War of the Rebellion: Serial 006 Page 0275 Chapter XV. CORRESPONDENCE, ETC. - UNION.

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Richmond, September 10, 1861

His Excellency FRANCIS W. PICKENS,

Governor of South Carolina:

SIR: It affords me very great pleasure to acknowledge your very interesting communication of this Department of the 1st and 2nd of the present month, and to congratulate you upon the evidence they furnish of the ceaseless put forth by the governor of South Carolina during your administration. Where such faithful manifestations of public concern exist, guided and controlled by such admirable wisdom and policy, it is profoundly to be regretted that this Department is so circumscribed by law as not always to have it in its power to second your suggestions. Under the law a regiment is limited to ten companies, therefore your proposition to incorporate two additional companies into Colonel Gregg's regiment, although based on sound reasoning and solid facts, cannot be granted. Colonel Gregg has been informed more at large of the manner in which the action of this Department is circumscribed in the premises, and will doubtless communicate with you on the subject. Not does there exist any authority by which I can authorize you to appoint company officers. They are invariably elected, according to the laws regulating the militia of the States respectively, and this is the case where vacancies occur after troops have been received and mustered into the Confederate service. To enable the Government even to appoint field officers troops must come to it direct, without State innervation, under the amended acts of Congress passed at the second session. Then they must come solely by companies, and be mustered into the service as such. Thus your excellency will perceive how utterly impossible it is for this Department to entertain in your proposition in these respects. Neither can I gratify you by accepting the two unarmed cavalry regiments you generously offer. The service does not absolutely require them and our present resources do not admit of their acceptance. But the two cavalry companies to which you allude will be received, if armed and equipped; and where there is necessarily so much negation of your wishes, I am happy to say that the rifle regiment you propose to raise for the war and to arm will be taken into service.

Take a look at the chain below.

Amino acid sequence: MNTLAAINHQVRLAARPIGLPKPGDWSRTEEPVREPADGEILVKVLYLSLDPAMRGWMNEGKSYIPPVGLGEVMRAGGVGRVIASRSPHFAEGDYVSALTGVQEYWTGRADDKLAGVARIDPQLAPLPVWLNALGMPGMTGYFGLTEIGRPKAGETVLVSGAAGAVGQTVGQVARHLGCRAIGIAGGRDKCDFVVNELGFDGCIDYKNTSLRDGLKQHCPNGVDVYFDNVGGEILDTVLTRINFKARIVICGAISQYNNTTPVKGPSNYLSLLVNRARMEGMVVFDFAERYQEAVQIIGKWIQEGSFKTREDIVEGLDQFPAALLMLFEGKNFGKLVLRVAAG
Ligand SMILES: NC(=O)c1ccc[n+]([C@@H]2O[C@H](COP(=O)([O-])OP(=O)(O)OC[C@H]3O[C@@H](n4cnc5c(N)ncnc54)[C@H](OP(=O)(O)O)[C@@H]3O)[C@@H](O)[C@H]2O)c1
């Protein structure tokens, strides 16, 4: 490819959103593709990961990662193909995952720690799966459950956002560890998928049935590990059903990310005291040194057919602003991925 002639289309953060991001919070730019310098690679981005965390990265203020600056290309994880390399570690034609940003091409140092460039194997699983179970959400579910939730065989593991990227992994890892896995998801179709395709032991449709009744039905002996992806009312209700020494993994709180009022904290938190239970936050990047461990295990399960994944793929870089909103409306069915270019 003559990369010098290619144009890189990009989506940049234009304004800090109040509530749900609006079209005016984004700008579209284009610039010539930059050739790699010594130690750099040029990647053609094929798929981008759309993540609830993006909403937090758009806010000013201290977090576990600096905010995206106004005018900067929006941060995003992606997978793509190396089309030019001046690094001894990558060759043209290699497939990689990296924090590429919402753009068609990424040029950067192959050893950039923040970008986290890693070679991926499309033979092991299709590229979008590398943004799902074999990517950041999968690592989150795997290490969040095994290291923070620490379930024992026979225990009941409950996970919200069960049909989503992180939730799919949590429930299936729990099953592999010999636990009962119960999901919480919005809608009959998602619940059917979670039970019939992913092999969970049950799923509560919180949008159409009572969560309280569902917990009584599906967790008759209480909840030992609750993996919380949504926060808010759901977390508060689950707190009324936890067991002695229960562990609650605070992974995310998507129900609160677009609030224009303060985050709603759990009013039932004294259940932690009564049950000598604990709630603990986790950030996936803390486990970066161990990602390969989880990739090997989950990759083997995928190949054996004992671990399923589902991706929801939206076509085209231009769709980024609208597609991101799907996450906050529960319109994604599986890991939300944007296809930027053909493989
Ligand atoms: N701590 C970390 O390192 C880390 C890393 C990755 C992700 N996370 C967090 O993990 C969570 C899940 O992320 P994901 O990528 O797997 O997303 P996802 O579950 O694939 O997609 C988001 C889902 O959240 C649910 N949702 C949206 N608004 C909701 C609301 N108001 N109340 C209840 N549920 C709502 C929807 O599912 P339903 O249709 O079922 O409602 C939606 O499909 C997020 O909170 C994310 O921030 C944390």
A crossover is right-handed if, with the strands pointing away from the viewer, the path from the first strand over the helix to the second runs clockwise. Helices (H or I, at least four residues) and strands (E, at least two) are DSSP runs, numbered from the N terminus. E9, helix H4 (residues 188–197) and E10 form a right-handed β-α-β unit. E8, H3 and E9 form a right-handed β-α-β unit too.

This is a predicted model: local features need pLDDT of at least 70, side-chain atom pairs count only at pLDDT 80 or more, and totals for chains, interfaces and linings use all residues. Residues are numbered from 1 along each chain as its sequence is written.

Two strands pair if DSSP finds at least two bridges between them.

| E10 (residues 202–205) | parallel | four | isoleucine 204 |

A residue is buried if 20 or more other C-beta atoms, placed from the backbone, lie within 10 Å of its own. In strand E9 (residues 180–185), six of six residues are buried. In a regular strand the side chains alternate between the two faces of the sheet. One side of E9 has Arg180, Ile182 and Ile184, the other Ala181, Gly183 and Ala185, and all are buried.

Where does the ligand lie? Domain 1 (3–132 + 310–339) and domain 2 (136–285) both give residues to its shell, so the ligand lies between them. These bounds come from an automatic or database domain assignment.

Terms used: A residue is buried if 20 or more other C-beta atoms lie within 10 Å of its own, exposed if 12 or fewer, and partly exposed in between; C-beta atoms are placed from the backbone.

This Department, through an anxious desire to oblige you, will also receive ten companies, to be offered by companies, and to be organized by its authority into a regiment, thus reserving to itself the right to appoint the field officers; but if your excellency can possibly arm these companies it is sincerely hoped you will arm them, though it be only with the flint musket, country rifle, or heavy shot-gun.

The cannon powder that you ask for cannot be spared by the Ordnance Office unless there be an absolute existing necessity for it under the pressure of demand in other quarters, where it is indispensable. It is preferred that your excellency will retain your patience upon the subject for the present.

In entirely concur with your excellency in the policy of not accepting any more troops except for the war, and have endeavored ever since the Congress invested this Department with the discretionary power of thus receiving military tenders to limit its favor by this policy; but as our arms have not been abundant, it has been and still is a matter of pure necessity to accept coming to us armed for a less period.